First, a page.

Meanwhile, Java’s object-oriented programming allows for code reuse and modularity, making it easier to write and maintain complex applications. Java’s large and active developer community is also a key factor in its success. Millions of developers worldwide contribute to its growth and success, making it easier to find resources, tools, and libraries for Java development.
Other factors contributing to Java’s popularity include reliability and scalability. Java is known for its ability to handle large volumes of data and traffic, making it well-suited for developing enterprise-level applications. As a result, Java is a popular choice for developing applications that require reliability and scalability.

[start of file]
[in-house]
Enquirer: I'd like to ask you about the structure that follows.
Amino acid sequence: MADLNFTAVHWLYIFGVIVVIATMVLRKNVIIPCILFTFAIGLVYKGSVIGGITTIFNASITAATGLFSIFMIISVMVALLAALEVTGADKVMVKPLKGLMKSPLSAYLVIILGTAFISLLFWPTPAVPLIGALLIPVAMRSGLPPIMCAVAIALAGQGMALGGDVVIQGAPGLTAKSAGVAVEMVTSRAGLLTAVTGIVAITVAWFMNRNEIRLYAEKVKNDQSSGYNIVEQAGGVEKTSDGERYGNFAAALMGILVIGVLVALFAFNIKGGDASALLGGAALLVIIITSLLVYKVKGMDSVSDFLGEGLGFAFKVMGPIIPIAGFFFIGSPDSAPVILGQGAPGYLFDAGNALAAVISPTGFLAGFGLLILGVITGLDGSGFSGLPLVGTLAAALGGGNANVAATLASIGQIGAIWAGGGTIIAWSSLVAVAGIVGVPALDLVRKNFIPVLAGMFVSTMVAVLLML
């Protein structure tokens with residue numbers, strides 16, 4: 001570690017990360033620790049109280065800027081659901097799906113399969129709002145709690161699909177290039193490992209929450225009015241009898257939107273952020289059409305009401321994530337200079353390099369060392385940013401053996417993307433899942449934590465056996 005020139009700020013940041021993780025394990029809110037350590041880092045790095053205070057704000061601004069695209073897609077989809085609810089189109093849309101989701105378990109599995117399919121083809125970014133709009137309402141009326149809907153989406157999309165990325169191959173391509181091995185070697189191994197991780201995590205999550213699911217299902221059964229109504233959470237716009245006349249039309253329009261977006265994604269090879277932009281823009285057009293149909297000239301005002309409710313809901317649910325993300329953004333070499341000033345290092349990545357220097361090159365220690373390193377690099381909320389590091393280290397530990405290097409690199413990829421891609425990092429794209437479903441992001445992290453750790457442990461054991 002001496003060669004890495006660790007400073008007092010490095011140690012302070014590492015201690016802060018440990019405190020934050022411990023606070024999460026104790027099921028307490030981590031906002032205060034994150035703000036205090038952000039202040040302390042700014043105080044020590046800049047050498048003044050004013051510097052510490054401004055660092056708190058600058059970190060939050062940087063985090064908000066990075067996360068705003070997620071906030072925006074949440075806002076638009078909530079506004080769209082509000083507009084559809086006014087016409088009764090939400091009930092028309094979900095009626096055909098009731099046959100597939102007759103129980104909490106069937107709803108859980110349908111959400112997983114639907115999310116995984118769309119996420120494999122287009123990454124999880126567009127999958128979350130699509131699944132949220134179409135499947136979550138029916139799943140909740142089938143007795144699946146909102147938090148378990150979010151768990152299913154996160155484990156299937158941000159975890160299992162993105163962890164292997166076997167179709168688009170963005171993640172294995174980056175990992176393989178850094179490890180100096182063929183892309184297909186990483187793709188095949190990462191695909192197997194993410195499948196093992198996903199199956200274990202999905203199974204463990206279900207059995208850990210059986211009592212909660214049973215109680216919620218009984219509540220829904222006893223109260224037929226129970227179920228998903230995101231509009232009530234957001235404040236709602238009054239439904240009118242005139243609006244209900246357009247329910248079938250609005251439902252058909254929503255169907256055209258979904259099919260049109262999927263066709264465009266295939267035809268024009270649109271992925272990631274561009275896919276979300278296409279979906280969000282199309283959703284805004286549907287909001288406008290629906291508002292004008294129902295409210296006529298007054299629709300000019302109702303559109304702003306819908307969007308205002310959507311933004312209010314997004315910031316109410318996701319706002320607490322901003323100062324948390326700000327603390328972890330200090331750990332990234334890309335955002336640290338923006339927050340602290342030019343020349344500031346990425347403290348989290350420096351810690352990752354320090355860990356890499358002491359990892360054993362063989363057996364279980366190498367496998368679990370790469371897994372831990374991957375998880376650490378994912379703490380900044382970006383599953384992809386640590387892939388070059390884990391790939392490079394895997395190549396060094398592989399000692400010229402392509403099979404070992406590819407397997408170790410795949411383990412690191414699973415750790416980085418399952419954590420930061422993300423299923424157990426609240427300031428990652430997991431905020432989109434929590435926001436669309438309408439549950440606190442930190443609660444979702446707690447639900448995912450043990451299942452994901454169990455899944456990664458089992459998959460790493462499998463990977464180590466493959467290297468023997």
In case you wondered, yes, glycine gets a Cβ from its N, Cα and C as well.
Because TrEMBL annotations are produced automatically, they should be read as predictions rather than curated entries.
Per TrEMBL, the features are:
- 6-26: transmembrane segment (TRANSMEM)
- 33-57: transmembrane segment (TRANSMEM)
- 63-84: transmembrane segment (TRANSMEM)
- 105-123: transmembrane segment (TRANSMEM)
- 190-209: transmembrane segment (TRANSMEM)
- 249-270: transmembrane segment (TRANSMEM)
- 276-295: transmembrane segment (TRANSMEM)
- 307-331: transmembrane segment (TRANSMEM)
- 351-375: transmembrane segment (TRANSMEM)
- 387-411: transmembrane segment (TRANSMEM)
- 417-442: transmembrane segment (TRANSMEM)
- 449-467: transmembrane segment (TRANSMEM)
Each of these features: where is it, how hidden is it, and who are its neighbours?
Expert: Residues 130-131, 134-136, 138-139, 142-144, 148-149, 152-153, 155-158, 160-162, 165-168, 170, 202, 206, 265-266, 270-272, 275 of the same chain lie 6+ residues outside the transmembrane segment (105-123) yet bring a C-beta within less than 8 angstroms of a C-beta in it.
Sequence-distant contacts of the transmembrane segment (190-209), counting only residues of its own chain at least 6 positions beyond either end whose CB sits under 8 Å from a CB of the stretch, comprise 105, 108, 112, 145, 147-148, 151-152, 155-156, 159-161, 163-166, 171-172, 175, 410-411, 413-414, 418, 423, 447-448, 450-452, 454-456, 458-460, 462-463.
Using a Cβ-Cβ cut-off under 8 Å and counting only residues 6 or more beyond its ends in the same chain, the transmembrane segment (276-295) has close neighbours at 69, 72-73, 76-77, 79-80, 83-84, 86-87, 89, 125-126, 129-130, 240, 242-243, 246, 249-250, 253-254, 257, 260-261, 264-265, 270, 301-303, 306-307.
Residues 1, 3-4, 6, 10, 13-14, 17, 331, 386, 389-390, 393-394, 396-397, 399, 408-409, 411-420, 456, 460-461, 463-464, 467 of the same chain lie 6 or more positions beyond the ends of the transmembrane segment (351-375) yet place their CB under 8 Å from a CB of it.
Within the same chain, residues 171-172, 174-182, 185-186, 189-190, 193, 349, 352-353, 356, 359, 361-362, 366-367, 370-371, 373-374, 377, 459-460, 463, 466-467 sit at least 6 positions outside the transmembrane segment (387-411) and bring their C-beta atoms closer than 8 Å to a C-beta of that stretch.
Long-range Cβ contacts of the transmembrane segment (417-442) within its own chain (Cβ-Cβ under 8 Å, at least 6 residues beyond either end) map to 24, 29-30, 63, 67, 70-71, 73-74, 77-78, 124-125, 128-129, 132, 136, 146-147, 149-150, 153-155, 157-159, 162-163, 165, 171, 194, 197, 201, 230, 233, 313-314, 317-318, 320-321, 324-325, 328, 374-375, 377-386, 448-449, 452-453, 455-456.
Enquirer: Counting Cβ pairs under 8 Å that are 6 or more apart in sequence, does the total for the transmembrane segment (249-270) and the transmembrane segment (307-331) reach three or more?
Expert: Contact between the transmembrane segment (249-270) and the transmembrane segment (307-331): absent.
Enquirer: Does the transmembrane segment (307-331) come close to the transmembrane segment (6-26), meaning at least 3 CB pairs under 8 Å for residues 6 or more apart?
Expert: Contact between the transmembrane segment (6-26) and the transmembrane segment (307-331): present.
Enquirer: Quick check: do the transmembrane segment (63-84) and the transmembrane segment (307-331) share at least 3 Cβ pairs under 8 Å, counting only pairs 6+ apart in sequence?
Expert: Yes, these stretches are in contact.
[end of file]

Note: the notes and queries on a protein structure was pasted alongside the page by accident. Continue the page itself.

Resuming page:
Java is as Uniquely Vulnerable as it is Uniquely Powerful
Java is a compiled language that runs on a virtual machine. This means that Java applications can run on any platform that has a compatible JVM installed. However, this also means that the JVM itself is a potential attack vector. Attackers can exploit vulnerabilities in the JVM to bypass security controls and execute arbitrary code.
One of the most difficult aspects of Java is its architecture, which allows for dynamic code loading at runtime. Attackers can use this feature to inject malicious code into Java applications and circumvent traditional security measures. Insecure deserialization attacks on Java applications can also allow attackers to execute arbitrary code in a protected application.